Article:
Brazil Considers Changing Port Law to Spur Economic Investment
Seaports are key pieces underpinning the Brazilian economy. They act as gateways through which companies export goods and import products – something the Brazilian economy seriously needs. So government officials are now trying to use the ports to jumpstart their stagnant economy.
The government is considering whether to extend the minimum length of contracts that transfer operating rights for the shipping terminals to private sector entities. The goal is to extend the minimum length of these port concessions from 20 years to 35 years – almost doubling the contract term. The problem, however, is that any such modification will change the Port Law of 2013.
According to the Journal of Commerce, government officials are reportedly open to the extension. After all, the change could generate additional port investments and revenue. One study cited by Port Strategy suggests that easing restrictions on port investments could result in $7.2 billion in new investments. The additional cash would also clear the way for spending on dredging and other infrastructure work needed in the ports. That work was supposed to be the responsibility of the Brazilian state governments, but they have struggled to secure the financing necessary to pay for it.
The shipping industry is eagerly watching the news for any developments. While the jury is still out on what would happen with those companies that have existing contracts, new businesses are eager to benefit from the law if enacted. If the change is made, expect a sudden and dramatic increase in foreign investment as companies seek to take advantage of the longer contracts.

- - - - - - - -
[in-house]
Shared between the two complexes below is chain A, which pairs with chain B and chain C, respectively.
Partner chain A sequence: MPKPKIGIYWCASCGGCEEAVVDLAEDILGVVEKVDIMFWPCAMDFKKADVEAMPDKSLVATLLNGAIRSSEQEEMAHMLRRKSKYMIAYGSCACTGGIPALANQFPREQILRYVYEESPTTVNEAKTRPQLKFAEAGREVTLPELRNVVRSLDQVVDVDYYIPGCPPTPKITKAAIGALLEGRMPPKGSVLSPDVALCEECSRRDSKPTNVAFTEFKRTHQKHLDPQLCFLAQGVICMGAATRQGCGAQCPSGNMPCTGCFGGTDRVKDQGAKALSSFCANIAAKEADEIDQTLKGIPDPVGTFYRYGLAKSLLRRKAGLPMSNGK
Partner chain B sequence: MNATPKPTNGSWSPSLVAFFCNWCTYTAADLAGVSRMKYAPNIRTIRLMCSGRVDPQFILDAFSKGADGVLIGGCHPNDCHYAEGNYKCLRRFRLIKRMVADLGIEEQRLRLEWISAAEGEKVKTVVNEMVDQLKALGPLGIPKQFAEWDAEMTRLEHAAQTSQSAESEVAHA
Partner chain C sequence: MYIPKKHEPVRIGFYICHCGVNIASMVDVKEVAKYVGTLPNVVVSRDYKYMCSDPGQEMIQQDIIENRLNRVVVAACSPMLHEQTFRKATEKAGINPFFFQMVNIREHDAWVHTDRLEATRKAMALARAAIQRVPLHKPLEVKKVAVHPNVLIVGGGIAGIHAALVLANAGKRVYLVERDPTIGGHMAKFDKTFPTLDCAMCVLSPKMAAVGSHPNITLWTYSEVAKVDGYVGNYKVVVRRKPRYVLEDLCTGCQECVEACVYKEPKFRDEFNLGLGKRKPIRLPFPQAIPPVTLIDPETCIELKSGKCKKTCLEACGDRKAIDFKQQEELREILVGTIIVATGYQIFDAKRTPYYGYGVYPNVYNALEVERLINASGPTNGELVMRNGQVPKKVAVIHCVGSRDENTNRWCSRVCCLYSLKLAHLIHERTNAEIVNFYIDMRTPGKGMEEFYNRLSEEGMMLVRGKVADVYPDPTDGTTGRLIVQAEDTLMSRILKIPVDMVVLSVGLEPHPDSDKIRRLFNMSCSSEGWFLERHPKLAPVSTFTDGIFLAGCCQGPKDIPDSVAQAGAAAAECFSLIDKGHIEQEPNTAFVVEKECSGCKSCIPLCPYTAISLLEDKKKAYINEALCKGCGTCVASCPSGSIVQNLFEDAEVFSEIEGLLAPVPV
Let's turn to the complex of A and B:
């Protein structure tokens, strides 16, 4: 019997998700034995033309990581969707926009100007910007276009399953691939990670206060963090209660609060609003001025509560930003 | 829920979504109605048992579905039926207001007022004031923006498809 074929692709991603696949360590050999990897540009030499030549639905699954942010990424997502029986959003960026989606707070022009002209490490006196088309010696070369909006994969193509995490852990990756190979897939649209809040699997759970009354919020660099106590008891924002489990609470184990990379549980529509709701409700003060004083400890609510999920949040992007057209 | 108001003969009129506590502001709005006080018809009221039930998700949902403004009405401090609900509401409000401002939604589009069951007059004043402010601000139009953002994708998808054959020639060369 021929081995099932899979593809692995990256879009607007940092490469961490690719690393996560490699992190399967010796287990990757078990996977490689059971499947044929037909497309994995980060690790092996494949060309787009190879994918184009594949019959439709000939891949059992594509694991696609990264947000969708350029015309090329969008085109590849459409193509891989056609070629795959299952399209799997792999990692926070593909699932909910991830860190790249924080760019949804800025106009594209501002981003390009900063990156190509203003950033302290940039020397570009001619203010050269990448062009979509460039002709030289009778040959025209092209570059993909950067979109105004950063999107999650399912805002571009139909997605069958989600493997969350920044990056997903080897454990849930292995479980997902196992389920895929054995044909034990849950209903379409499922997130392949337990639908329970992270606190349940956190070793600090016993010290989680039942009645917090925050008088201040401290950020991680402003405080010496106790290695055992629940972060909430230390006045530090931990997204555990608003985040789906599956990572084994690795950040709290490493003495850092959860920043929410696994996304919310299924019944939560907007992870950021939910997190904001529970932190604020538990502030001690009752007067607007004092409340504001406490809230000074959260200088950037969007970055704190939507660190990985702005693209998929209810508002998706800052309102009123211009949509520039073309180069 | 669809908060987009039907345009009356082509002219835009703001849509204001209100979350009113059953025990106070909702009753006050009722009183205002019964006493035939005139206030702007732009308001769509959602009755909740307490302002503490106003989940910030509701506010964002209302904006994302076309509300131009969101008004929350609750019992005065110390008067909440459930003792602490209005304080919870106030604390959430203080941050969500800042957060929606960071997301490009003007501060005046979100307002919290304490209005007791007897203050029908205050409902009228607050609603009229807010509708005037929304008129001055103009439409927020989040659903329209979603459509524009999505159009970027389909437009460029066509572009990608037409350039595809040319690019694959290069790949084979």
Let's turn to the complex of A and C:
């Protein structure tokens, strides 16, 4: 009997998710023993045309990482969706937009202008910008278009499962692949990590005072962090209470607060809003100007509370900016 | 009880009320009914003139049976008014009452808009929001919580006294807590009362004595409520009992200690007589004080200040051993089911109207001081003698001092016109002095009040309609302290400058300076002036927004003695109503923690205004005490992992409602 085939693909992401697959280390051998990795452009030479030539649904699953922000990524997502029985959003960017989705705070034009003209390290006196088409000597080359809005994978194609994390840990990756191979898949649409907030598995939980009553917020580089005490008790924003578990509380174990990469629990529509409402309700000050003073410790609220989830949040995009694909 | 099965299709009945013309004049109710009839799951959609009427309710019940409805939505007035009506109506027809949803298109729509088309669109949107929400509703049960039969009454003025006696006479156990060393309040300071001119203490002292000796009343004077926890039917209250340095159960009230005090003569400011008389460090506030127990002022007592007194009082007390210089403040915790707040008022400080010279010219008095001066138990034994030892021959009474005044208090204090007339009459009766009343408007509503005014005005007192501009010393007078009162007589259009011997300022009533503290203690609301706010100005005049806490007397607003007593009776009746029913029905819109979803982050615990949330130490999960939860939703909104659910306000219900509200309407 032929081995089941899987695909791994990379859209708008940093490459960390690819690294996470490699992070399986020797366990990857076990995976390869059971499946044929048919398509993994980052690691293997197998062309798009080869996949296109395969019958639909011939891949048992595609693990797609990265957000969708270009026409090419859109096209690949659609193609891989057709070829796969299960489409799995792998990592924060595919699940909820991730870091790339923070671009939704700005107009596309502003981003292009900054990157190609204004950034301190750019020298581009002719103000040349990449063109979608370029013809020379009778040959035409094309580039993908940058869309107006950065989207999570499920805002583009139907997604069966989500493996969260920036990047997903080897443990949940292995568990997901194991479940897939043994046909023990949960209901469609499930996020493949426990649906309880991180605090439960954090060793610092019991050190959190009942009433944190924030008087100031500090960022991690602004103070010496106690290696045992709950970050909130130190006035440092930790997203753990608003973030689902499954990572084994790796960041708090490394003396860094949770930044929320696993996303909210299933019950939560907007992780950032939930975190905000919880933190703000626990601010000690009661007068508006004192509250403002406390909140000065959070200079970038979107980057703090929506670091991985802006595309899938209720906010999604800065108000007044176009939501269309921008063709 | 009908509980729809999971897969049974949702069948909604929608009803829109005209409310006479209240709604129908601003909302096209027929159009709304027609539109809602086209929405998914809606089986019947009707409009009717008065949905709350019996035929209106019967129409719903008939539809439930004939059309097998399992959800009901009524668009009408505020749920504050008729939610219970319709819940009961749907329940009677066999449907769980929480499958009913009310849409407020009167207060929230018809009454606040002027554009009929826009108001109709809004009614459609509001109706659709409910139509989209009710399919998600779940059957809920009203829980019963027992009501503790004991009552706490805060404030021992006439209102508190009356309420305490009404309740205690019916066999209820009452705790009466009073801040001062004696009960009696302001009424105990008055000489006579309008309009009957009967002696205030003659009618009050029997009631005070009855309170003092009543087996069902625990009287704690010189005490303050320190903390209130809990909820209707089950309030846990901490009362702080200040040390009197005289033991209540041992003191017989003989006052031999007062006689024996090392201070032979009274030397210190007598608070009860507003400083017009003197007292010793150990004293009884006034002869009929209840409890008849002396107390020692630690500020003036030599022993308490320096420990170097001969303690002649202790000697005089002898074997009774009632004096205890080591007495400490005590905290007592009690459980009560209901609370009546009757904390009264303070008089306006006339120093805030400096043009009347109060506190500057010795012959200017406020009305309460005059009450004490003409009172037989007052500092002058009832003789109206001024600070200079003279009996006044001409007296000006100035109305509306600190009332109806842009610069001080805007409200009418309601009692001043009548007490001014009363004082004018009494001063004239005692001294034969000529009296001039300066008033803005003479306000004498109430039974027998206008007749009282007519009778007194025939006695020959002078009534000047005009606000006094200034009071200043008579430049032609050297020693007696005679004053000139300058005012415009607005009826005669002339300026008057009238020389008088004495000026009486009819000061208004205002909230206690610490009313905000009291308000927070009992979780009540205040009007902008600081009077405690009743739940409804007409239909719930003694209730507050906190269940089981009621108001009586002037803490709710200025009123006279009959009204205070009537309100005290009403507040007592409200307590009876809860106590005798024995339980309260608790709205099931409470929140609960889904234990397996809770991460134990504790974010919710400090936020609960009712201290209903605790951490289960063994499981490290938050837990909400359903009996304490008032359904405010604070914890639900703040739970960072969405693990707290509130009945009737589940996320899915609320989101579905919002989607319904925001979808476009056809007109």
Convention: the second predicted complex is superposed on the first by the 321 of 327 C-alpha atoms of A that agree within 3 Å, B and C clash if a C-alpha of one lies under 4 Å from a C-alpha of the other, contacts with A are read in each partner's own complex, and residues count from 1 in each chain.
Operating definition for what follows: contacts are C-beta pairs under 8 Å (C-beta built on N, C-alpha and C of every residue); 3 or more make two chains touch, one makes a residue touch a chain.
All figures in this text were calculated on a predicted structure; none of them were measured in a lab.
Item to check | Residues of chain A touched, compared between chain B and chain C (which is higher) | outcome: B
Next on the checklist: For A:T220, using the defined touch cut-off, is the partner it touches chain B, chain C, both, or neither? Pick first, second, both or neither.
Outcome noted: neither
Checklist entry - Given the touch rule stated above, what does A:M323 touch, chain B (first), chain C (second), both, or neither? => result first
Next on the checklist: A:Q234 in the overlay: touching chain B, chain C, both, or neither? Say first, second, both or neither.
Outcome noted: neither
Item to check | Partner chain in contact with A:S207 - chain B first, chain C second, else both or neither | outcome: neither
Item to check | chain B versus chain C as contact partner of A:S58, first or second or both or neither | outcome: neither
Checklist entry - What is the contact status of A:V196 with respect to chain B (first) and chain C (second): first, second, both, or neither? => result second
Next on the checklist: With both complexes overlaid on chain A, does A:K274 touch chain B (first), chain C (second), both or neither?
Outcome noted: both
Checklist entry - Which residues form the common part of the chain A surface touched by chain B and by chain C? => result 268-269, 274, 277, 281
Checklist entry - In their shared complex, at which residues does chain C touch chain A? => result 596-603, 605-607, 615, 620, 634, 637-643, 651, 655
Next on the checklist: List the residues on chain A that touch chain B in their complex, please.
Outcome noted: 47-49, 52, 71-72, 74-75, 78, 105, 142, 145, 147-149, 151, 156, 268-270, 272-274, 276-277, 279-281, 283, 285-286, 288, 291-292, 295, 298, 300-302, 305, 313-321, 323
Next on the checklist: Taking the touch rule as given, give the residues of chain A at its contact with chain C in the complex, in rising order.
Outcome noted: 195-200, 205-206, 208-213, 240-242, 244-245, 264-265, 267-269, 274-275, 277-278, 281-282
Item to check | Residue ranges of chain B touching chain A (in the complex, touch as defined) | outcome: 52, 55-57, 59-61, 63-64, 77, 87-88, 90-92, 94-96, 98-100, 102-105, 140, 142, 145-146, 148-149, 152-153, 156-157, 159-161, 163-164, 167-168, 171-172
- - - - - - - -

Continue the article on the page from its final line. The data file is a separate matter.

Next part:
At the moment, the decision on how to proceed rests with President Michel Temer, Minister for Transport, Ports, and Civil Aviation Maurício Quintella, and Home Affairs Minister Eliseu Padilha. All three are expected to make a decision on the changes shortly.
Once a decision is made, the big question will be how to make the change and what will happen to current contracts. While Brazilian officials are eager to find ways to spark economic growth, ultimately they must work within Brazil’s legal framework. Changing Brazil’s Port Law may sound like a great idea and the perfect way to capture new foreign investment, but it will require a bit of legal maneuvering if it is to succeed.